What are the big issues you want to highlight during the election campaign and work on while in office?
As an Indigenous woman and a tenants rights organizer, housing and homelessness are my primary issues.
Affordable housing must be addressed, particularly as the minimum wage in Vancouver doesn’t meet a living wage standard. We need to protect the affordable housing stock currently available. Rent goes up every time a tenant moves, and tenants never find housing in that same budget bracket again. Through this process, approximately 20,000 apartments per year convert from affordable into unaffordable housing. To slow down this tenant displacement, we need city-wide Vacancy Control and stronger tenant rights provincially.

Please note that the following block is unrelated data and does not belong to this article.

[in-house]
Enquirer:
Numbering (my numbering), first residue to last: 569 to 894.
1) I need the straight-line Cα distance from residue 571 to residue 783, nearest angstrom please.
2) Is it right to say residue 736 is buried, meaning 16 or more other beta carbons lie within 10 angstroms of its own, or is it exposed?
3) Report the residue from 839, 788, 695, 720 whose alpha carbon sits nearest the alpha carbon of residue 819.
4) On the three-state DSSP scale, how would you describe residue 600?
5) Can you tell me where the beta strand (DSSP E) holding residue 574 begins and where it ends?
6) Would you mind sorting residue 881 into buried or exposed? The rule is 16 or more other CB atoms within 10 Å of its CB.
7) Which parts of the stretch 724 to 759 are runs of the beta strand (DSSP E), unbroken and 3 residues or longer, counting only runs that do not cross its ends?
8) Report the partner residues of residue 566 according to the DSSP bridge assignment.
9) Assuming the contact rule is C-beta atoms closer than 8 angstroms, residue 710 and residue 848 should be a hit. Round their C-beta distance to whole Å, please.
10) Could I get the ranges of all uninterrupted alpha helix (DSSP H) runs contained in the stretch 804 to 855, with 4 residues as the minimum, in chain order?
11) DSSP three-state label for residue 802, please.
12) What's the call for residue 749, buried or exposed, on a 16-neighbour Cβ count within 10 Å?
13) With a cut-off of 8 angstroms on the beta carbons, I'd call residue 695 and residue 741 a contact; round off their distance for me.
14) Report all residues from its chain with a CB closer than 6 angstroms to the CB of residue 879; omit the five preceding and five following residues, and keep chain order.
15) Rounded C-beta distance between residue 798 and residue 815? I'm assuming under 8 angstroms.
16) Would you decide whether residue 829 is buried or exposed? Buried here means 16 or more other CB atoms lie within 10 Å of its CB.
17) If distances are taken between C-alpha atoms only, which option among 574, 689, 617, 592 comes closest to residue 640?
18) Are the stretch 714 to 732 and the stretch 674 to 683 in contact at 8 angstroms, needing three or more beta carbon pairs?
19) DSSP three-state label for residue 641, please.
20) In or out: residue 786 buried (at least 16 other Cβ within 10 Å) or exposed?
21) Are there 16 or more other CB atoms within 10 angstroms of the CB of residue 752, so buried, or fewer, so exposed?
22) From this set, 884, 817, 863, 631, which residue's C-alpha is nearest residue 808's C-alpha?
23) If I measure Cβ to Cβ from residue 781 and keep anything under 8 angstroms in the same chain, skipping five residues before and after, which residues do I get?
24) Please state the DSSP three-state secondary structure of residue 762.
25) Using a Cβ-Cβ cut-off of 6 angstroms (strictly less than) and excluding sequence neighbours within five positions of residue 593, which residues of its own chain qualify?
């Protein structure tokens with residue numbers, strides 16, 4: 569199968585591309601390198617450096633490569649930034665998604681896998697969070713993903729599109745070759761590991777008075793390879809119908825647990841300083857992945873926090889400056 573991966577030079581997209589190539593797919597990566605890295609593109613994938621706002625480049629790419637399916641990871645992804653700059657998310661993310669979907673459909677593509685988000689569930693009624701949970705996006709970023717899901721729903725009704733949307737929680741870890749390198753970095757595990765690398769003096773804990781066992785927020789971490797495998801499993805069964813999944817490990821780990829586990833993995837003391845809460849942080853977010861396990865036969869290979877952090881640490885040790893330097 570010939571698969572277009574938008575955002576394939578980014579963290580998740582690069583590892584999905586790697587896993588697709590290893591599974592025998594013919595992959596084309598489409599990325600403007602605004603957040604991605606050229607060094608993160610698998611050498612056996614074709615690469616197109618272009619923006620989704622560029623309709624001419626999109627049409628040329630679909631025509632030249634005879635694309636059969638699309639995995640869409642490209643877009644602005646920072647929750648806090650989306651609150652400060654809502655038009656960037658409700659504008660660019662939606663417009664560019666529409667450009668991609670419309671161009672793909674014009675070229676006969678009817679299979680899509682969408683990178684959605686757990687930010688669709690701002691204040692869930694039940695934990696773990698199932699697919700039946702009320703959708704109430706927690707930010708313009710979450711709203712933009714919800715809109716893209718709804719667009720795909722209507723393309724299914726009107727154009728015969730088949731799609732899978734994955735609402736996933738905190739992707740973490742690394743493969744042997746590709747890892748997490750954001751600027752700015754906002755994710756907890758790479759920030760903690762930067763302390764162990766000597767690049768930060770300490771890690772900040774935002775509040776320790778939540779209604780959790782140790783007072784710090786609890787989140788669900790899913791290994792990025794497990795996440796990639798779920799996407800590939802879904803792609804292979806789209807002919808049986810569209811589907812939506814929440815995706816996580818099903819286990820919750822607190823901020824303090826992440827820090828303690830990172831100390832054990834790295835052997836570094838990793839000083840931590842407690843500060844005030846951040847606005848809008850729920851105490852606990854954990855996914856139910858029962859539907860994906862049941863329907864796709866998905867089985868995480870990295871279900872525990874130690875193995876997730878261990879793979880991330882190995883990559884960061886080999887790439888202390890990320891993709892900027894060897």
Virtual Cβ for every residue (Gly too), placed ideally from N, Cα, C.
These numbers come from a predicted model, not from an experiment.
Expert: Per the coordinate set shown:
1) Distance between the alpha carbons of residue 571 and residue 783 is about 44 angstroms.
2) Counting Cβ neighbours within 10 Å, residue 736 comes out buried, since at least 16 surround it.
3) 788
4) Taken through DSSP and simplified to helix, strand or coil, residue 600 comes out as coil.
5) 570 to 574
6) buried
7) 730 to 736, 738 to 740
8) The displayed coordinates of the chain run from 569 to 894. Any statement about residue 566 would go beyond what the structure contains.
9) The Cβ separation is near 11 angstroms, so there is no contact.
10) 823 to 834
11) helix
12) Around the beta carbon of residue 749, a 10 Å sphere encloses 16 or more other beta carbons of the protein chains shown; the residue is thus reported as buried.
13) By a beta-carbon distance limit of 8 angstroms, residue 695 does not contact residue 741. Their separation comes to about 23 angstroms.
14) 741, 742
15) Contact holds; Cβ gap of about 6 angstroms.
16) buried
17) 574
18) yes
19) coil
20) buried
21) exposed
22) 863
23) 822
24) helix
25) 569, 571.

Decolonizing housing means housing for all. In a ‘City of Reconciliation’, we need to eradicate homelessness with creative land back reparations and some serious reallocation of our tax dollars. Due to the colonial history of attempted genocide of Indigenous Peoples and the residential school system, the city needs to remove property tax exemptions on all churches and directly allocate those funds towards decolonizing housing and eradicating homelessness. 40% of the homeless residents in the downtown eastside are Indigenous, and the overdose crisis is taking seven lives a day. Where is the reconciliation effort?
Toxic drug overdose rates have gone up over 400% in the past seven years. Toxic deaths went up in Vancouver by 26% over previous records, while our HIV rates in Vancouver are over six times the national rate. We have intersecting pandemics in Canada’s largest urban reservation and we need a response with equal force. We need trauma informed care and practices. Housing is a social determinant of health; housing is healthcare.